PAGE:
Another year I remember my brother wanted a scary costume, most likely a Freddy Cougar or a Jason mask.  Instead, what does mom do?  She takes a cardboard box, flips it over so it’s bottom side up and covers it with a big black trash bag.  She then tapes a paper plate to the center of the box, cuts a hole out of the center of the plate, takes fake blood to drizzle it on the plate that is taped to the box and tells my brother to stick his head through the hole.  Guess what he was?  A bloody head on a plate and the cardboard box with the trash bag over it was the dinner table.  To make it more convincing she taped a fork and knife next to his head on a plate.  He wanted a scary costume and that’s what he got! I do remember some of the neighbors giving us odd looks as we trick-or-treated that night. And looking back, I suppose that was a really gory and bizarre thing to see an elementary-aged child roaming through the neighborhood in on Halloween.  I mean, my brother had to have only been in 2nd or 3rd grade.

I wanted to be something beautiful one year.  I asked for a princess costume or something.  My mom said she would sew me a dress, but I don’t think she ended up having the right fabric or time because I never ended up getting a princess dress.  Do you want to know what I got to be that year instead?  Well, I was told to slip on a purple leotard and purple tights.  Then, my mom and older sister blew up a bazillion purple balloons.  After all that, they poured out a bazillion safety pins from a canister and pinned the bazillion purple balloons to my purple leotard.  I lifted my arms up and held them in the air as they did the front side and turned around for them as they did the back.  When they were through, I could not sit down and I could not comfortably rest my arms at my side either.  To top it off, my mom had sewn a green hat that looked like a stem and strapped it to my head with an elastic band.  I was a grape that year.  A walking purple mess of pins and balloons.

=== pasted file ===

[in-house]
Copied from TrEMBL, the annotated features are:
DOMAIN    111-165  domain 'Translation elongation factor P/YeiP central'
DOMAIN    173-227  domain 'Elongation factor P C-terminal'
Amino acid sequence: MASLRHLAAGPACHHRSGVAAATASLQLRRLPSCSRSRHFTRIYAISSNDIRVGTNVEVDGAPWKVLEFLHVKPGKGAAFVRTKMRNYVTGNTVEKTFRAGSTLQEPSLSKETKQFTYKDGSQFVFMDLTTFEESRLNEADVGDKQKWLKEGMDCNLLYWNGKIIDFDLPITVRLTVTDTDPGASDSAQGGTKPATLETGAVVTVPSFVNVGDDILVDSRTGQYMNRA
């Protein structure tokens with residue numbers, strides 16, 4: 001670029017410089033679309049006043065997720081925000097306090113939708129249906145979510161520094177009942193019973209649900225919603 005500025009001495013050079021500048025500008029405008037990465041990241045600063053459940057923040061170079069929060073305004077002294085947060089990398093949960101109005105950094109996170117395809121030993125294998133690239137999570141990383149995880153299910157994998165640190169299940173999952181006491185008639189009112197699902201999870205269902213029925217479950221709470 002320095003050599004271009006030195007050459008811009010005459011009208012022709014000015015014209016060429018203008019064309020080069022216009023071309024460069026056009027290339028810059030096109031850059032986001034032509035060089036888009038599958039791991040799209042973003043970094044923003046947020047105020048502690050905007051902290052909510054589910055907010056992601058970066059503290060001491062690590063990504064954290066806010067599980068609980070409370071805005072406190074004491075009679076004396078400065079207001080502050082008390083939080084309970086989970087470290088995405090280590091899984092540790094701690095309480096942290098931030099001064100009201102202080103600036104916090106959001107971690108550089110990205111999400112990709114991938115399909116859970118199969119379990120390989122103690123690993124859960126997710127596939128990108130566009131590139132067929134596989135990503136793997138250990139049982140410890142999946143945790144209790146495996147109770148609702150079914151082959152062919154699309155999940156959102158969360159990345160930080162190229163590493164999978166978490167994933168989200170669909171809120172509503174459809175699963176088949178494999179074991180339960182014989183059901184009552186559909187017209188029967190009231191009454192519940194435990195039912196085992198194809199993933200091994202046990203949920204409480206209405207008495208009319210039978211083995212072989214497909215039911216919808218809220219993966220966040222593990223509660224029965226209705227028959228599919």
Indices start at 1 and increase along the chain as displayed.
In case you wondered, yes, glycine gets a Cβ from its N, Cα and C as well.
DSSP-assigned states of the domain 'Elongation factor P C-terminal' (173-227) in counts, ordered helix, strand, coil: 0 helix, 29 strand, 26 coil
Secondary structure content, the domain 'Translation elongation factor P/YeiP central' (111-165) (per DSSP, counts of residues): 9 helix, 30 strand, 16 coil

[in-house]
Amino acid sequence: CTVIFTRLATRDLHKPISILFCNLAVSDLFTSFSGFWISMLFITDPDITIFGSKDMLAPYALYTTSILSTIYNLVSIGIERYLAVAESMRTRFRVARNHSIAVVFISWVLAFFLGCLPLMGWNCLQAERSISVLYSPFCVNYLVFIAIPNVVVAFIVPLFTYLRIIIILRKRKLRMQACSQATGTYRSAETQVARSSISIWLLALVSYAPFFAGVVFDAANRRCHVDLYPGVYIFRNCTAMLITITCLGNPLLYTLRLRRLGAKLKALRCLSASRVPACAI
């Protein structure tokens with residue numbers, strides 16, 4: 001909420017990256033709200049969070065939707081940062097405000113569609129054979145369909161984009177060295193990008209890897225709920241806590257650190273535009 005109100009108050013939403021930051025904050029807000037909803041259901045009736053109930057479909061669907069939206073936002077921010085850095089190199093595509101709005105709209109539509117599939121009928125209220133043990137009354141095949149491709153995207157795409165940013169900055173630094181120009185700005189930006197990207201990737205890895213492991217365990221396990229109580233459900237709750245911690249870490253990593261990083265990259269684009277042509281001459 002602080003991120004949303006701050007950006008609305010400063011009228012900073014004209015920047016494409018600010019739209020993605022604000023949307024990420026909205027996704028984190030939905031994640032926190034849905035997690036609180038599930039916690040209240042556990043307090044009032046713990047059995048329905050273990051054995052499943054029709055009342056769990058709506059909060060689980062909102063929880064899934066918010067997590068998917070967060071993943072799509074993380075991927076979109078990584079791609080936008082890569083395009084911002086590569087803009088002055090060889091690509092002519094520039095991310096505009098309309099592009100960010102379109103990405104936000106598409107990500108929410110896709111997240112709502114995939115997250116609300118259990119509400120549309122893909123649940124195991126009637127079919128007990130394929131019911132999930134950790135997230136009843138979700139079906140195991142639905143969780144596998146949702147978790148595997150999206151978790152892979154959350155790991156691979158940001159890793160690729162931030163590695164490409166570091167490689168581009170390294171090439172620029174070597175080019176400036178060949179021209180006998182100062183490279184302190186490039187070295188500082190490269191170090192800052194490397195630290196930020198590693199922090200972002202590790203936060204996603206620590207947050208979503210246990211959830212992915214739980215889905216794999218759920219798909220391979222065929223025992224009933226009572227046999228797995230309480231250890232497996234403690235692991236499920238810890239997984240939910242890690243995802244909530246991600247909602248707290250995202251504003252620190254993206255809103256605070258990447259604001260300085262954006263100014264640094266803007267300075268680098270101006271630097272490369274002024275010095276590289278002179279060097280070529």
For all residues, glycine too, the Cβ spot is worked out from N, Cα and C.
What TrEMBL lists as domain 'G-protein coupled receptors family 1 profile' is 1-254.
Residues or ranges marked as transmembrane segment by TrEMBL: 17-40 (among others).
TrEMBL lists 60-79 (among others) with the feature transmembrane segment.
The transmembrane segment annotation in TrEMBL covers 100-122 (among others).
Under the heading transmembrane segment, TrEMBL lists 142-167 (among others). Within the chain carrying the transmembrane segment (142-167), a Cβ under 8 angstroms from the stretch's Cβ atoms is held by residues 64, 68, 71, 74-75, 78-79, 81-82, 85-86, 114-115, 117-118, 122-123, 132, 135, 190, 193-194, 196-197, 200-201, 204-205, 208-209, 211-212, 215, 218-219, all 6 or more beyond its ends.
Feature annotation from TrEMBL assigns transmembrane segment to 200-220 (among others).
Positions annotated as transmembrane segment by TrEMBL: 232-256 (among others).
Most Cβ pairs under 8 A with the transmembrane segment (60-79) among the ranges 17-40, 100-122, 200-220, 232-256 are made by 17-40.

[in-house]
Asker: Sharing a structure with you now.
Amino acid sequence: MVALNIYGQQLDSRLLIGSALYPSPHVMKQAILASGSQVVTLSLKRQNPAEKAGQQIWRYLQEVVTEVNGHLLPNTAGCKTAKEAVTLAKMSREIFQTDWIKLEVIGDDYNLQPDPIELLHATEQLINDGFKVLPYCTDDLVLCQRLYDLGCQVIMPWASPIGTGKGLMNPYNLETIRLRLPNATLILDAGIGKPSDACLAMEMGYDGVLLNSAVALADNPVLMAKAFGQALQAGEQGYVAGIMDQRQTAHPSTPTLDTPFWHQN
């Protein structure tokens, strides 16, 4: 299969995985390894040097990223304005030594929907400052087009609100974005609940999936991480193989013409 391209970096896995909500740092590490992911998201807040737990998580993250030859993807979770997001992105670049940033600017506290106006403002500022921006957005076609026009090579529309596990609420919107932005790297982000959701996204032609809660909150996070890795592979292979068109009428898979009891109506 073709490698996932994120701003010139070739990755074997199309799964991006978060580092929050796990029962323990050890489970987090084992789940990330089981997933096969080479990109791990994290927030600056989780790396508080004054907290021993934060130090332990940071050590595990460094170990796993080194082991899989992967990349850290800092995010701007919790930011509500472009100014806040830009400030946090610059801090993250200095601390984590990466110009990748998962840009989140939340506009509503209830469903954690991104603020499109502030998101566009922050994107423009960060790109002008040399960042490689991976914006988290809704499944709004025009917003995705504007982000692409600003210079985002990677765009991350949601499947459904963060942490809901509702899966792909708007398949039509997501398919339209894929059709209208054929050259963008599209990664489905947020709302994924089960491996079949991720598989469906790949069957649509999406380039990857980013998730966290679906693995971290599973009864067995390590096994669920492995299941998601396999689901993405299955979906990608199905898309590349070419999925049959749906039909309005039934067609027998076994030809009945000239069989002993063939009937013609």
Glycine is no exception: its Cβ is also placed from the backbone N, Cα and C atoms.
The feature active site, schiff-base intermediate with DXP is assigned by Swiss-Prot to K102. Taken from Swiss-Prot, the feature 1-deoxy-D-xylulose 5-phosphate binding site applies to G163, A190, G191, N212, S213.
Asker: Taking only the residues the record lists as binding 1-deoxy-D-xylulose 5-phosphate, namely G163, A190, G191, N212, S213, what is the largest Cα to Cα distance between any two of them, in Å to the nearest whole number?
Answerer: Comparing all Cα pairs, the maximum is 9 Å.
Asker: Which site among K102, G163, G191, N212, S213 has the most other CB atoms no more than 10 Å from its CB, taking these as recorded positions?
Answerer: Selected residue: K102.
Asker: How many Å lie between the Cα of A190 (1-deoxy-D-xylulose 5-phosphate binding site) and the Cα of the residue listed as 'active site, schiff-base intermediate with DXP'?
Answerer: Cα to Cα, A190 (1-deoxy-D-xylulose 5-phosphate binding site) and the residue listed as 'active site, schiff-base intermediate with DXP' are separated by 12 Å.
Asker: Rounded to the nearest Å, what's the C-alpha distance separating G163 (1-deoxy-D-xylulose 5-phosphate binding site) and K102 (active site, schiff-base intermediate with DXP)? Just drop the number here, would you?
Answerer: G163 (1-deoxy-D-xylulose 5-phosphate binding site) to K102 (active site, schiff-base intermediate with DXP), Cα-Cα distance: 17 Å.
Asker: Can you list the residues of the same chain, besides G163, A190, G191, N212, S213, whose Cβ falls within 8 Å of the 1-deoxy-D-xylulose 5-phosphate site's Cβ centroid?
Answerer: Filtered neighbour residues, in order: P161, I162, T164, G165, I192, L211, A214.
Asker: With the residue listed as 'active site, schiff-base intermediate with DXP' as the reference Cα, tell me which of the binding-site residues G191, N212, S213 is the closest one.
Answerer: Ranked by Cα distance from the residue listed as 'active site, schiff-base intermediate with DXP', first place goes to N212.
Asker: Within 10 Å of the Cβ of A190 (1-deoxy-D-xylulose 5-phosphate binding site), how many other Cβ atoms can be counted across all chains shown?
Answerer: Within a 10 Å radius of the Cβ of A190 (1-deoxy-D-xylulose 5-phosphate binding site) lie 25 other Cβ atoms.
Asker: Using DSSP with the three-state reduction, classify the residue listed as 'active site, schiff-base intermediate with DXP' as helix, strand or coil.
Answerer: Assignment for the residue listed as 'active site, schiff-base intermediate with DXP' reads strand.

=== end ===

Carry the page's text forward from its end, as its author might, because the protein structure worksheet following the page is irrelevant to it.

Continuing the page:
Do not let me forget to include yet another one of mom’s specialty costumes.  She took a small, blue laundry basket, cut a hole out of the center of it, placed it over my little sister and then filled it with clothes.  She was a laundry basket that year.  That was her costume.  Oh, and my mom made sure no detail was left unscathed.  She took a few of the articles of clothing from the basket and draped them off the sides of the basket because you know, of course if you are going to be a basket of laundry for Halloween it better look completely convincing!  I think my sister won a silver dollar or two at school for that costume as well.

My mom was happily telling my friend about all this a week or so ago.  She was saying how creative all of our costumes always were and how we always won all the Halloween costume contests at school.  I thought to myself for a moment and responded with this,  “Mom, they probably felt sorry for us at school because our family was too poor to buy costumes.  Instead you sent us to the school costume contests in cardboard boxes covered in trash bags and laundry baskets while all the other kids had fancy, store-bought costumes of popular characters.  They probably picked us out of pity and because the prize was always a few silver dollars and they knew we could use the money.”

My mom began to laugh hysterically, and for those of you that have heard my mom laugh, you know it is very contagious.  The whole room was laughing after that.  What’s funny about it is that it was most likely the truth.  My parents did not want to spend a bunch of money on costumes for five children every year, nor did they likely even have the money to do so.  My mom had no shame or qualms with rigging up her own costume concoctions and we were too young to realize anything different.

There are reasons a child’s mind remains underdeveloped to the ways of the adult world for such a long duration of childhood, and there is no shame in being glad for that now!